The National Baseball Hall of Fame formally opened in 1939 in Cooperstown, New York. However, the concept was established in 1936, and that year the Baseball Writers’ Association of America (BBWAA) was tasked with voting for the inaugural class to be formally inducted three years later. At the time, the BBWAA was only voting on 20th century players, as a special Veterans Committee reviewed candidates from the 19th century. For all the debate the Hall of Fame ballot causes today, it’s clear that’s a tradition rooted all the way back with what occurred on the whacky 1936 version.
226 ballots with 2,231 individual votes were cast in the 1936 election. 170 votes were needed for election, and with no voting restrictions and an average of nearly 10 votes per ballot, it’s truly surprising that more players didn’t make it in that first time.
47 players received votes on the 1936 Hall of Fame ballot but only five received enough votes for induction the first time around. The inaugural class was comprised of Ty Cobb (98.2%), Babe Ruth (95.1%), Honus Wagner (95.1), Christy Mathewson (90.7%) and Walter Johnson (83.6%). It’s shocking that given this group of titans of the game that there were no unanimous selections, and a guy like Johnson and his 417 career victories received the vote totals of a fringe candidate.
For the surprise generated at the lack of unanimity on those who did get in, the group who fell short may be even more jaw dropping. Because some writers likely didn’t vote for active players (who were eligible) because their body of work was not yet completed, I’ll only focus on the big name retired players who fell short. Nap Lajoie (64.6%), Tris Speaker (58.8%) and Cy Young (49.1%) were all well under the 75 percent of the votes needed. They all eventually made it in but the fact they had to wait even a year seems odd now.
At the time, there were no restrictions on active or retired status, so players who were still playing received votes. It’s important to note that many writers did not consider active players on their ballot; figuring that they would get their shot later on after hanging it up. Although he was at the point of his career where he was a manager who only occasionally put himself in games, future Hall-of-Famer Rogers Hornsby was the active player who received the most votes with 105 (46.5%).
The most inexplicable former player to receive votes was catcher Lou Criger (seven votes or 3.1%). During a 16-year career between 1896-1912 with six teams (known primarily for his time with the Boston Red Sox), he hit just .221 with 11 home runs and 342 RBIs. Best known for being the defensive-minded personal catcher of Cy Young on multiple teams, he was still considered one of the best at what he did during the Dead Ball Era. That being said, it’s a bit of a stretch that he received as many votes as future Hall-of-Famers John McGraw, Sam Crawford and Chief Bender combined on the 1936 ballot.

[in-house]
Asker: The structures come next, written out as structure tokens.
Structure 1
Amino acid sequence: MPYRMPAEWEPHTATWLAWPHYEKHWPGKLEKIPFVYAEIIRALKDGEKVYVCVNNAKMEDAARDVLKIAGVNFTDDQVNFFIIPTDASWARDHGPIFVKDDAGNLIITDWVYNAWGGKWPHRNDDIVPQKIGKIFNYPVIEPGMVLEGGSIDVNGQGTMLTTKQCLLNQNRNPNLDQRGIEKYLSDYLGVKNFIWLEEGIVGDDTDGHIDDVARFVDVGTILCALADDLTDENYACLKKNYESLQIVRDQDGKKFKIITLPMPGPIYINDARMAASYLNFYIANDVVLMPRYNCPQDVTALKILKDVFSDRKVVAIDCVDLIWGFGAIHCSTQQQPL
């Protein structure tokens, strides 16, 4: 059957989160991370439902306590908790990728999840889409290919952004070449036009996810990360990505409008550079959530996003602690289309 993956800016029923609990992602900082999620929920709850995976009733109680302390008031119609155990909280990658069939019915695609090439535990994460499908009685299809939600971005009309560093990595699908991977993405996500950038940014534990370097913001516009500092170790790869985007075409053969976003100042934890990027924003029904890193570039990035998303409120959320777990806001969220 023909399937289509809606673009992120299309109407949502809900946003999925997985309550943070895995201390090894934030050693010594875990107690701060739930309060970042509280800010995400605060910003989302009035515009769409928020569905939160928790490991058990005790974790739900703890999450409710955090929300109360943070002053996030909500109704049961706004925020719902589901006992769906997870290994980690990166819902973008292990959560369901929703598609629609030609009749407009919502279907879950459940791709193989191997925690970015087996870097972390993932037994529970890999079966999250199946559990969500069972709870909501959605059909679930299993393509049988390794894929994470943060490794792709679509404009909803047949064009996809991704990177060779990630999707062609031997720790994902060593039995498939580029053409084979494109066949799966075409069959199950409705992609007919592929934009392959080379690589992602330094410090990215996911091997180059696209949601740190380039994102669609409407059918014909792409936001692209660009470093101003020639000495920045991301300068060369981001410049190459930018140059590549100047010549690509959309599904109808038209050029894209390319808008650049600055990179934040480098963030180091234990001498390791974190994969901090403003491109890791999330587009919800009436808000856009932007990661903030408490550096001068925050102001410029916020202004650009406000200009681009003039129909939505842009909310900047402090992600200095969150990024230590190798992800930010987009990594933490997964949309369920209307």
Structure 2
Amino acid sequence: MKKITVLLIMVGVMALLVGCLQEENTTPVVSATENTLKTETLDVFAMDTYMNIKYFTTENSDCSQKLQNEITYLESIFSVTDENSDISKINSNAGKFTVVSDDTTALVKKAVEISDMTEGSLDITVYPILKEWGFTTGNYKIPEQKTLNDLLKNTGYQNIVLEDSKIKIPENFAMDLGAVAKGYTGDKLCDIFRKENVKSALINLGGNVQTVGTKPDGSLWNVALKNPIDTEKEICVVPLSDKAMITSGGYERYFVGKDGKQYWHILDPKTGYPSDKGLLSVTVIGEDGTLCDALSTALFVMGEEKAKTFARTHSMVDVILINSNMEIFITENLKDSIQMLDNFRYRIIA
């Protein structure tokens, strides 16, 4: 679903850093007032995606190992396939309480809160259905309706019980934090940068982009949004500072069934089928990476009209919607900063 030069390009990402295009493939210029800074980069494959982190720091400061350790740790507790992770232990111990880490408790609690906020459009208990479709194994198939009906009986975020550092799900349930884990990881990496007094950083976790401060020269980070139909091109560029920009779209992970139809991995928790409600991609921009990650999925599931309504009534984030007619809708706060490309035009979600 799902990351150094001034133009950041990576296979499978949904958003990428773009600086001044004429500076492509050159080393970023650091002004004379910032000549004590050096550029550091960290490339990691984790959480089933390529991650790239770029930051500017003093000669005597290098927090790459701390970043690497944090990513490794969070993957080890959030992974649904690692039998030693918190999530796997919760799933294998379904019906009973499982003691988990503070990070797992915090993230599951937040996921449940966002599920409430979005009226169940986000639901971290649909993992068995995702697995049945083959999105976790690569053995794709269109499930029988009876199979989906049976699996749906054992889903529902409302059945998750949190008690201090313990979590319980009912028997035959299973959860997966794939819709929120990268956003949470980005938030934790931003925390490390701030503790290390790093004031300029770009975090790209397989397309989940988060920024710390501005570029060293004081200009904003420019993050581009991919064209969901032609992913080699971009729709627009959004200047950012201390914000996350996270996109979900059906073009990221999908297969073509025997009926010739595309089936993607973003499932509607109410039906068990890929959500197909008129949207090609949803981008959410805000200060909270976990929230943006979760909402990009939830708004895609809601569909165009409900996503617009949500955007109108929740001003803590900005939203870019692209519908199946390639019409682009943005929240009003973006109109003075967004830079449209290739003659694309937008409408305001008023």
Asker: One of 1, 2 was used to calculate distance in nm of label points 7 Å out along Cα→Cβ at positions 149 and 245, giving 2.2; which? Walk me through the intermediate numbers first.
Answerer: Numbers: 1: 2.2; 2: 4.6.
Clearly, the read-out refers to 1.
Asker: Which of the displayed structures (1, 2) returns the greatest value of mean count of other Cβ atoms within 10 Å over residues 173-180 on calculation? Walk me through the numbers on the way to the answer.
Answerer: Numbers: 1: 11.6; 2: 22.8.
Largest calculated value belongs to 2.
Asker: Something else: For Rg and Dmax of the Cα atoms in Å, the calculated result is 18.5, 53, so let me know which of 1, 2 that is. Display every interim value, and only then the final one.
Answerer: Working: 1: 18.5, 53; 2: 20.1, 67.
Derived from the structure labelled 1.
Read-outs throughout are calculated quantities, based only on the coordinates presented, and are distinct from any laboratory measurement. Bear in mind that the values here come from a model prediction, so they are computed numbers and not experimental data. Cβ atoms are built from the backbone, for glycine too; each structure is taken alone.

Another surprise was first baseman Hal Chase. While he was a fine player who was considered to have had the best glove of any player at his position up until that time, he also had a long and sordid reputation as a gambler and fixer of games, who was ultimately blacklisted from baseball following the infamous 1919 Black Sox World Series (of which he was involved through gambling but not as a player). He has the distinction of receiving the most votes (11) on this ballot without eventually gaining induction.
At the time of the 1936 vote, banned players were not excluded. Shoeless Joe Jackson, himself an alumnus of the 1919 Series, received two votes, a paltry tribute to his .356 career batting average. He would never appear on the ballot again.
Pitcher Dazzy Vance (one vote) and catcher Gabby Hartnett (zero votes) were the two players on the 1936 ballot who had to wait the longest to ultimately get in via the BBWAA, as they were finally both elected in 1955.
In total, only seven players/managers who received at least one vote on the initial BBWAA ballot did not gain eventual admission to the Hall of Fame. They include Bill Bradley, Kid Elberfield, Nap Rucker, Johnny Kling, Jackson, Chase, and Criger.
Despite the oddities of the 1936 ballot, it is also fair to surmise that writers didn’t have a blueprint from which to work when casting their ballot. They were setting the bar with their first vote and determining the criteria which would be generally use to measure all future classes. Additionally, access to players was much different. Some writers likely never saw many of the players on the ballot.
That all being said, there may not be prescribed results for any Baseball Hall of Fame election but there are certainly anticipated outcomes. Clearly, the tradition of annual debate and head scratching began with the very first ballot and will likely continue into the future as long as candidates continue to be picked in the current manner. Although some may express frustration over the process, there’s no denying the amount of debate and interest it infuses into baseball, which is never a bad thing.
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